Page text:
App Reviewed on: iPad Pro
User Interface Rating:
Replay Value Rating:
Calling this game Cat Museum is almost a misnomer. Although this breezily paced adventure game features cute cats and a museum of sorts, its landscape also contains a ton of surreal and messed up creatures and locations that are constantly at odds with the game's pleasant color palette and storybook aesthetic. This clash is one of many intriguing aspects of Cat Museum, though the game doesn't quite stick around long enough to feel like it follows through on all of the ideas it plays with.
In Cat Museum, you play as a mysterious boy who just so happens to find themselves in the most bizarre "museum" you can think of. It has artwork on display, but all of them are grotesque interpretations or reimaginings famous works. Some of them are simply hanging on the walls, but others are turned into peek-through photo spots, have eyes that follow you, or are just paintings that have literally come to life and can speak with you.
On top of the strange art there are giant killer monsters with hands for feet, a room built out of giant red blood cells, beds made out of body parts, etc. There's nothing about this place that isn't unsettling, save for some cats. It's not entirely clear why you are in this museum, but making your way through it with the help of a magical, glowing cat seems to be the key to discovering something about the main character and his past.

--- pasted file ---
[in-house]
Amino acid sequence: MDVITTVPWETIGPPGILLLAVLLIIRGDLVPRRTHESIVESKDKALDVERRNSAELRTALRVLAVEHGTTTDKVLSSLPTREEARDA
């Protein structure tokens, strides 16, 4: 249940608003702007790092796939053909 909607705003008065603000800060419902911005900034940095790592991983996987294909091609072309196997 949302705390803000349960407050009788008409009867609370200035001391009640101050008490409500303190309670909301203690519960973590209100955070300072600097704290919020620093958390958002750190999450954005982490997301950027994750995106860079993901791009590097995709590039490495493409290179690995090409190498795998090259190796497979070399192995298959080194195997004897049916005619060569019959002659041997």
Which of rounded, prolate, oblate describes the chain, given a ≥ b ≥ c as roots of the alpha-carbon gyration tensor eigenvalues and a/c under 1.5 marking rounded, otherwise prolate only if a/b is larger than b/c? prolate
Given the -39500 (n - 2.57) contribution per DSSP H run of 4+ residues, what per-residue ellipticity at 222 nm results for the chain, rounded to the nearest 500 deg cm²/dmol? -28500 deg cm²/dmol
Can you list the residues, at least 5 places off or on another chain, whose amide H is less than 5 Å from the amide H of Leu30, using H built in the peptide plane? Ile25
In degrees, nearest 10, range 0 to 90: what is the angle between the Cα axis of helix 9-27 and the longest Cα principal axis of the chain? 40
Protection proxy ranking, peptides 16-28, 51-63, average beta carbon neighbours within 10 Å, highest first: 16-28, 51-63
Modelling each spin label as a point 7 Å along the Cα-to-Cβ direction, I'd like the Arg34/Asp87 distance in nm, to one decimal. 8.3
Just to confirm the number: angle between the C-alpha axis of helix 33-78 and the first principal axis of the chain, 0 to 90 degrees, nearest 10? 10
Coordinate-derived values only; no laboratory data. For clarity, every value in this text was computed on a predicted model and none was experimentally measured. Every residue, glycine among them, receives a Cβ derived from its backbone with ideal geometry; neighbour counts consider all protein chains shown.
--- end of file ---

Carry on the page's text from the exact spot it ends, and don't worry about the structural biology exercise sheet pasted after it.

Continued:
To make your way through Cat Museum, all you have to do is tap on which side of the screen you want the boy to move in and interact with the objects you come across. Many objects simply add some more flavor and commentary on the game world, but others initiate puzzles that unlock new ways forward. None of these puzzles are particularly challenging from a design perspective, but almost all of them feature you interacting with some horrific tools or creatures.
On that note, I wouldn't say Cat Museum is a particularly scary game. It is clearly designed to make players uncomfortable, but--even with a few designed monster chase sequences--no part of the game feels especially tense or stressful. In fact, the puzzles and challenges seem deliberately low-stakes and straightforward, even though they can involve popping zits on a face embedded in a creatures back or scooping worm-laced popcorn out of a claw machine with human hands for claws.
Cat Museum seems very intentionally designed to keep you from ever getting hung up on its simple challenges. With the exception of one puzzle I had to look up the answer to (as the game has no hint system whatsoever), it is very easy to blaze through the game in one sitting. From an exploration perspective, this is wonderful. It keeps any its visuals from losing their shock value and provides momentum to carry you through the whole thing quite easily.
That said, the one barrier I ran into while playing was a doozy and disrupted my flow through the experience considerably. I'll also say that Cat Museum could have done a little more work at the end to connect the dots and spell out its ending a bit more. I'm all for stories that want to leave things up for interpretation, but not when the conclusion being suggested is so vague that you don't have much to interpret.
The bottom line
All told, I'm very taken with Cat Museum's dedication to bizarre art design and swift pacing in the adventure game format. I would have loved to see a little more refinement on the puzzle design or perhaps some convenience features to prevent any downtime and perhaps a but more substance to the narrative payoff, but the tone and presentation of Cat Museum's bizarre adventure is still plenty satisfying as it is.